Monday, July 31, 2006

The cost of subsidies

Driving down to my grandfather's funeral last week, I could hardly help noticing corn growing. That happens when you drive in Illinois and Iowa. It's not all a bad thing. I love corn (even grits) and corn-fed beef. It would be a poorer world without it.

And so I wondered what the actual cost of agricultural subsidies might be. The first round of costs is pretty straightforward: about $5 billion for ethanol and another $20 billion or so in direct subsidies to grain and dairy farmers. Also, a few billion dollars annually to tobacco farmers, and some more billions for food subsidies for the poor. So maybe we're up to about $50 billion annually, right?

Well, no. Let's not forget what you get when you subsidize corn, tobacco, and dairy. You get a lot of foods fried in corn and soybean oil, lots of foods made from the same (american "cheese", velveeta, etc..), meats fed in feedlots (chicken, pork, turkey, beef), cheap liquor made with corn syrup, cigarettes, and the like.

In other words, you make the raw materials for obesity, heart problems, diabetes, alcoholism and lung problems cheaper. In doing so, you also end up creating ideal situations for water pollution (fertilizer, pesticides, herbicides, waste) and prevent those with good grazing lands from making a living.

The total cost? Subsidies can't take all the blame, of course, but the total costs associated with our bad diet choices, smoking, and drinking exceed one trillion dollars annually. Add to that the costs of subsidizing poverty, and we're talking about some serious money here.

Not to mention this; when you subsidize corn and dairy, you cannot use the land for other purposes. The farm my grandfather grew up on is a great example. 89 years ago, there were sheep, pigs, cattle, fruit trees, grazing land, and a garden there besides land for growing grains. Now it's just used for growing grain--and instead of barley, rye, oats, wheat, and corn, it's just corn and soybeans.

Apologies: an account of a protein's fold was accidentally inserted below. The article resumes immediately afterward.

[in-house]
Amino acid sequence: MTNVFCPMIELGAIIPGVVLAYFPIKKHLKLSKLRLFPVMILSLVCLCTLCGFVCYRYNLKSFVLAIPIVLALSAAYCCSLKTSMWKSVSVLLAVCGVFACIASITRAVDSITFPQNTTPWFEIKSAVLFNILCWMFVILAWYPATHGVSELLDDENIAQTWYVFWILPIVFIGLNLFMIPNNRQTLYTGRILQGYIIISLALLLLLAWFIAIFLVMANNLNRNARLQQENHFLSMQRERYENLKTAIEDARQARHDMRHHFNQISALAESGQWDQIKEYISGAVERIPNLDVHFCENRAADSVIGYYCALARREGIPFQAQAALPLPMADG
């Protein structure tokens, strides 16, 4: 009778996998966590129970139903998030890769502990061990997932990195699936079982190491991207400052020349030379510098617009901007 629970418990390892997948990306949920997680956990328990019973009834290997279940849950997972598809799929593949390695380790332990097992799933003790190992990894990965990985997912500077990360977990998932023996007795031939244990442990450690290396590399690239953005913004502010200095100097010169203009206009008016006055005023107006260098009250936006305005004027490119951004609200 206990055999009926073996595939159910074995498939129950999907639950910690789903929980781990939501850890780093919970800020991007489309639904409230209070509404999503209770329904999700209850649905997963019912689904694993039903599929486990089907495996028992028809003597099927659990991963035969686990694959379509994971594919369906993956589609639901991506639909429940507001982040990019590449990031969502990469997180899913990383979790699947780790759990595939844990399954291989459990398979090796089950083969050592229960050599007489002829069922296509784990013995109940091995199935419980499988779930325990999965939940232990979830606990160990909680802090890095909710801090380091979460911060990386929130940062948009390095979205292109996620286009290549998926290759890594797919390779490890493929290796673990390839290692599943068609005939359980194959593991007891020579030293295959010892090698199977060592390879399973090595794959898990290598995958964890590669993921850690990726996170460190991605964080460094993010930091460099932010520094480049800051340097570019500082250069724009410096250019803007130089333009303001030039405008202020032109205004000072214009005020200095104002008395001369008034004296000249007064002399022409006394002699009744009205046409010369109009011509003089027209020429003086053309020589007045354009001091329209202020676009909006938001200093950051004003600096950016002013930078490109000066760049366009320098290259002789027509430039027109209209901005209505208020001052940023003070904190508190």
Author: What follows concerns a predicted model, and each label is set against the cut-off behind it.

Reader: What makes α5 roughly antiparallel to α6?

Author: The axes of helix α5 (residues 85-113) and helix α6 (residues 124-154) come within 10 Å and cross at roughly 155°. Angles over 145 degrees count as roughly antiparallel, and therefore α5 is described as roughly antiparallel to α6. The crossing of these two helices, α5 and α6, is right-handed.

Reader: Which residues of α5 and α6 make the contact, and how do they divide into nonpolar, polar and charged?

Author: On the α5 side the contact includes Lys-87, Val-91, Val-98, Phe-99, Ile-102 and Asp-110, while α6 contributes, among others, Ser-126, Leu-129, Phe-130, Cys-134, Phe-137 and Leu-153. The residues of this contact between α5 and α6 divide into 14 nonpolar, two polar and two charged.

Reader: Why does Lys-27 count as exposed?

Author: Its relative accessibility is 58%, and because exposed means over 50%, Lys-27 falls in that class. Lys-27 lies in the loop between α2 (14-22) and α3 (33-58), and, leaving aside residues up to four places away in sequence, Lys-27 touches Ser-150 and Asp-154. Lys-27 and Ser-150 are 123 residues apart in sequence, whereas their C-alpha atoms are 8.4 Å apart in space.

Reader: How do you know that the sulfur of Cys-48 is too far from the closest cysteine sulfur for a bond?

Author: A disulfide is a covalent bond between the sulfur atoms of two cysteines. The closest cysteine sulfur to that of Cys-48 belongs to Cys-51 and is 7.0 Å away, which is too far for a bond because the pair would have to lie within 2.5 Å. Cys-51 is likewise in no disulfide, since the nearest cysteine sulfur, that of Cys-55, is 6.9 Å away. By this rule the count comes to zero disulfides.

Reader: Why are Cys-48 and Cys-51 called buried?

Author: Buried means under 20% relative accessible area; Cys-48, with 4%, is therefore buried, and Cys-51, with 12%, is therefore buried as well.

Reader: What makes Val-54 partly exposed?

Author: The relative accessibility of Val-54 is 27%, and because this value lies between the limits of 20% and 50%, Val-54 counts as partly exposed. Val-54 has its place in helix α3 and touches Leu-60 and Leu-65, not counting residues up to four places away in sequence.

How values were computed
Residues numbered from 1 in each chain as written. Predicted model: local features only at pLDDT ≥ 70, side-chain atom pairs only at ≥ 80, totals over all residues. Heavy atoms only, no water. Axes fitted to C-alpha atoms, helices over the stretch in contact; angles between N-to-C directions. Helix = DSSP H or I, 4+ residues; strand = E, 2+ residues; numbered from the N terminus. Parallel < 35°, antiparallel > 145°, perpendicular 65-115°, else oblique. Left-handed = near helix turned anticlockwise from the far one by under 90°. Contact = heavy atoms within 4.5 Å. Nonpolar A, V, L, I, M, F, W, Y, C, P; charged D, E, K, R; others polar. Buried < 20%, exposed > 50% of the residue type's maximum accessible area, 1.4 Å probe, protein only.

So it seems that subsidies are not only horrendously expensive, but they also make life boring. What a pity.

Tuesday, July 25, 2006

Governmental poverty subsidies

According to a Washington Times article, total federal poverty subsidies are about 400 billion dollars annually. To put things into perspective, that's a subsidy of nearly $9000 for every man, woman, and child in poverty--assuming about 15% of the population is poor. If one divided this subsidy appropriately among the poor, there would be no one left with an income below the poverty threshold. This doesn't even count state and local subsidies.

Now granted, most of that money doesn't actually reach the poor. Most of it gets eaten up by bureaucracy long before it gets to recipients. However, we should never forget that when you subsidize something, you get more of it, and the behaviors that lead to poverty are no exception.

See FratersLibertas for some more interesting statistics on "anti"-poverty efforts.


I read recently that the "Ritz-Carlton" hotel was changing their directions for employees to downplay the traditional signs of respect for customers--things like saying "good morning" instead of "hello" or "howdy", making sure that a porter carries their bags, and so on.

Also noted this morning was the difficulty one author has had in saying "good morning" to people on his way to work. In other words, there is significant data that the niceties that make life liveable are increasingly being forgotten in our society.

And we wonder why the divorce rate approaches 50%, and why people shoot at each other on LA freeways. Rudeness isn't the only reason, but I bet a bit of manners just might help.

So a hearty "good morning" to you, gentle reader.

Monday, July 24, 2006